There's a single frame of the video from the playoff tunnel melee at BMO Field that has stuck with me.
In a lot of ways, it meant nothing. It was neither a red card nor a goal. But at the same time, it felt like it meant everything. It felt like it spoke to so many of the questions I’ve had lately.
At the end of the fracas in the tunnel, the Red Bulls players are ushered back through a set of double doors. As the last Red Bulls player (and coach) is guided through the entryway, we see the back of a bald, reflecting head. Toronto FC's Michael Bradley appears to be screaming at someone from the Red Bulls.
The anger radiates from his body language and then his facial expression. The otherwise mild-mannered midfielder seems to be losing his cool. Amidst an altogether entertaining and strange moment, it feels particularly noteworthy.
Since the US men's national team's failure to qualify for the World Cup, Bradley has become a target of opposing fans in MLS. American supporters across the country have made their displeasure known when Bradley walks into the stadium. At the same time, however, other USMNT players haven't experienced the same vitriol. Clint Dempsey, Graham Zusi, and Matt Besler, among others, have all been left unscathed. It's created a strange question. Why Bradley?
There are plenty of potential explanations: The captain always deserves to carry the heaviest burden. Bradley has generally been the only uninterrupted starter over the cycle and throughout most of the qualifying process he played beneath the ability we know he’s capable of achieving.
But I don’t think the vitriol has to do with how he played or where he came from after starting his US career with the added weight of being the "coach's son." Rather, the frustration stems from us and our perception of how a leader should behave and react.
Peeling back the layers
There's a paradox at the core of Michael Bradley's recent career, spurring both his success and his biggest sin. He always seems to be in control.
As a midfielder, he has the ability to think his way through a game. He rarely gets emotional on the field, keeping everything to calculated decisions honed over a lifetime's worth of rehearsal and study. At its best, it's gorgeous to witness, the steady hand among hectic waters. When it falters, however, it falls down a steep slope. “Cerebral” quickly turns to “uninspired.”
But he hasn't always been so collected and there are clear markers in his evolution.
A 2009 New York Times article described Bradley as "often characterized as passionate if a bit of a loose cannon on the field, prone to emotional outbursts and the occasional dodgy tackle," after the midfielder got suspended three games and missed a Confederations Cup final because he got a red card and verbally confronted a referee after a game. Unfortunately, I barely remember that happening, let alone that player ever existing.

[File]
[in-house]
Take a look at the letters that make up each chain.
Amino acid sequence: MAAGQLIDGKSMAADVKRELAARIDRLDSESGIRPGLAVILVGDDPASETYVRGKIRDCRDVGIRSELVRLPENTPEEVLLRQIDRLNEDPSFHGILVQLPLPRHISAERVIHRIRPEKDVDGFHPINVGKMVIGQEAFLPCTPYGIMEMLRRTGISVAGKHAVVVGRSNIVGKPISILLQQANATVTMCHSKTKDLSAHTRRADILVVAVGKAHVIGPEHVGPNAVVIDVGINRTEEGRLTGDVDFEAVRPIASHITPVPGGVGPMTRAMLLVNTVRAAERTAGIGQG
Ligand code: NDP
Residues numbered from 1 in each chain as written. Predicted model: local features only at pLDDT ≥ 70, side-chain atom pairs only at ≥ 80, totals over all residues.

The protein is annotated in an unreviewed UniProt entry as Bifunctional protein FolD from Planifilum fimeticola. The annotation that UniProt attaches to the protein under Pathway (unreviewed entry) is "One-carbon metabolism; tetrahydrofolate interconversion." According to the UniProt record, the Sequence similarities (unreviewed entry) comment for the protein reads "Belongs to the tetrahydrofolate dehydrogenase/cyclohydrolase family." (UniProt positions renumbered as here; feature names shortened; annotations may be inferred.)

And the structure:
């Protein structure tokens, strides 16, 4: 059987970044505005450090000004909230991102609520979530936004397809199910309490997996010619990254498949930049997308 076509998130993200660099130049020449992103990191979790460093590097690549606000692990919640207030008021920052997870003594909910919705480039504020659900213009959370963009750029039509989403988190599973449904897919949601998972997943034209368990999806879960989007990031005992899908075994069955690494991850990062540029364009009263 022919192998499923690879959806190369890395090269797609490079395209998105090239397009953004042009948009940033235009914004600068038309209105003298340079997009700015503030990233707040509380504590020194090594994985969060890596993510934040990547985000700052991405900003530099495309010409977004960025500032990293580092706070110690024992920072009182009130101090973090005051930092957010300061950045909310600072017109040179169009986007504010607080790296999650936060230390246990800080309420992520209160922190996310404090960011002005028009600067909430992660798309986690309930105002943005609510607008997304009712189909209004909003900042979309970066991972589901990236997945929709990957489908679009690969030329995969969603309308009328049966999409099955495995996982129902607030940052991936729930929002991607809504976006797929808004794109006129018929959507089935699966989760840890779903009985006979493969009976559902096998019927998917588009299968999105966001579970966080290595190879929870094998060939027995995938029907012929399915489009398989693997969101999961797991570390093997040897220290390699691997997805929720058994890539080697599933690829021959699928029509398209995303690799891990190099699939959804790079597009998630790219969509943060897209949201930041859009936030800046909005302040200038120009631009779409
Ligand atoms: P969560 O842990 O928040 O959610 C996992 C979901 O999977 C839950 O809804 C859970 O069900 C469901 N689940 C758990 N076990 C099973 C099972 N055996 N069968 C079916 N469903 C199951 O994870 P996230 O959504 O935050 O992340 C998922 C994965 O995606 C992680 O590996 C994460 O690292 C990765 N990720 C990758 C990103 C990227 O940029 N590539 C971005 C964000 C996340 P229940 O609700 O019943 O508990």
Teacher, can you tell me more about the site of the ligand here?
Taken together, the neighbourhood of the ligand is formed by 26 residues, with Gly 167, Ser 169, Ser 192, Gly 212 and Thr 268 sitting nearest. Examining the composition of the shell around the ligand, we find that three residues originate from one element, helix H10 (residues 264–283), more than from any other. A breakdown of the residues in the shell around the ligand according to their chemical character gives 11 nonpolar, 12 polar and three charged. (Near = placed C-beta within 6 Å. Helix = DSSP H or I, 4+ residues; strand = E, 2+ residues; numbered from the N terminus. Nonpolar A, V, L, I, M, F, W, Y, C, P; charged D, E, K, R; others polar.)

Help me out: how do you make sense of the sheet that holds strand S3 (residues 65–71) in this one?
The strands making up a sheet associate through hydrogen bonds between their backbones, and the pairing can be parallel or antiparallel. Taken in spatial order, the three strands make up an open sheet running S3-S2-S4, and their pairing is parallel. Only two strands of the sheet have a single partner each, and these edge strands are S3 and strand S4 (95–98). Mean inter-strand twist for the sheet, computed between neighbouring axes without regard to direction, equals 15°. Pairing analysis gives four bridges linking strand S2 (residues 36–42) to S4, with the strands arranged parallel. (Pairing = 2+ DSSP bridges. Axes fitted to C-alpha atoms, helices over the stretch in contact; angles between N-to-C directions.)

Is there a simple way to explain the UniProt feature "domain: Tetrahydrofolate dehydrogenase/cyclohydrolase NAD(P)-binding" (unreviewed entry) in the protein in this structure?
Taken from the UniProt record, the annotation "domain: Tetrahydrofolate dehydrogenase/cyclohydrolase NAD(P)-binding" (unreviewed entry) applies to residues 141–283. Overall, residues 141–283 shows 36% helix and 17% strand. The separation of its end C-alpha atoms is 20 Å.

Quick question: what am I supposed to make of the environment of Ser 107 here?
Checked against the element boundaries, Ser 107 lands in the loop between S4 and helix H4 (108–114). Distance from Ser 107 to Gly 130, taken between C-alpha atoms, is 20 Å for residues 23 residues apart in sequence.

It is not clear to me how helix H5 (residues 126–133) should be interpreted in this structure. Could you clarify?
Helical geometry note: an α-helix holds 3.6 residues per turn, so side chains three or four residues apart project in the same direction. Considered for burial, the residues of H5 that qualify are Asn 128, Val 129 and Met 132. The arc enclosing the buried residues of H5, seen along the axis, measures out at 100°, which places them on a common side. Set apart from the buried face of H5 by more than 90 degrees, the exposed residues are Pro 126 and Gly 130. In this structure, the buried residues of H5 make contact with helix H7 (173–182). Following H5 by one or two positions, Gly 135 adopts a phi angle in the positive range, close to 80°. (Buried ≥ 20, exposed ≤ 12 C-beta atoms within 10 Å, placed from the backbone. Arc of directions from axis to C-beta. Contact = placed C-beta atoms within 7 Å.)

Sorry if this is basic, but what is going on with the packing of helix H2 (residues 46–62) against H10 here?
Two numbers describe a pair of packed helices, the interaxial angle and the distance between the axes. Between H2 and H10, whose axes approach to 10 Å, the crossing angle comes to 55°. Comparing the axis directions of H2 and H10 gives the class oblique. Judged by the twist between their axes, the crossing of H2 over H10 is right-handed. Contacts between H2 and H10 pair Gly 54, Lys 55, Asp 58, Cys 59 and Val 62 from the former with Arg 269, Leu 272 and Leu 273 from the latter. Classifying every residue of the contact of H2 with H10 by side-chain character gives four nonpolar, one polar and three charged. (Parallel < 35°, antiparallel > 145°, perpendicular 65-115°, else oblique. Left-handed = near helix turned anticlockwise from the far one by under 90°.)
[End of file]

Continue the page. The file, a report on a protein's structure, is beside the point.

The Klinsmann era undoubtedly changed Bradley. During Klinsmann's laissez-faire years, Bradley had to assume a more comprehensive role. He felt the need to steer the entire ship. He could no longer go flying around the field; he had to be the mature one holding everything together. He assumed new duties and lost grasp of old ones.
And with the change went something core to who Bradley was. And I'd argue it's what fans want to see today.
Blame it on the zen
USMNT supporters have been run through the gamut over the last couple months.
As fans, we wanted to throw something through the wall. The last thing we were willing to tolerate was uninspired. We've felt all sorts of emotional and crazy, and yet our captain, as ever, appeared calm and composed through the qualifying storm.
Perhaps Alexi Lalas said it best in his now-famous USMNT rant on FOX last month: "Michael Bradley. The US does not need you to be zen."
It's not to say Bradley has done anything wrong.
He is the player he is, and it's worked well for him. He's done a ton for our country as he is. More so, I have no doubt that he cares. If there's anyone who will spend the rest of his life thinking about a soggy night in Port of Spain, it's Michael Bradley. That fact is both heartbreaking and depressingly satisfying.
The entire reason Michael Bradley has grown to become a successful professional, able to captain his nation's team, is because he cares. He's spent more hours playing soccer, thinking about soccer, and feeling the emotional weight of soccer than everyone who is reading this put together.
What's happening to Bradley on his MLS travels says more about us than it does about him.
He evolved in his role with the USMNT, becoming a level-headed leader attempting to help the nation stay the World Cup course, but that very metamorphosis seems to have also turned him into a target of boos from the very people aboard the ship he tried to captain.
He's given us so much, but perhaps he's failed to meet the most needy "sports fanatic" parts inside of us, the part that doesn't make sense but screams when it's bare. The part that needs passion when all else fails.
Perhaps we’ve punished a man not for anything he’s done, but for what we’ve wanted: that face in the BMO Field tunnel, the anger, the expression my heart's needed to see from Bradley.
I’m a sucker for the romantic, so I’d like to think there’s a way to make us whole. It seems likely to be found somewhere between Zen and a crowded tunnel in Toronto.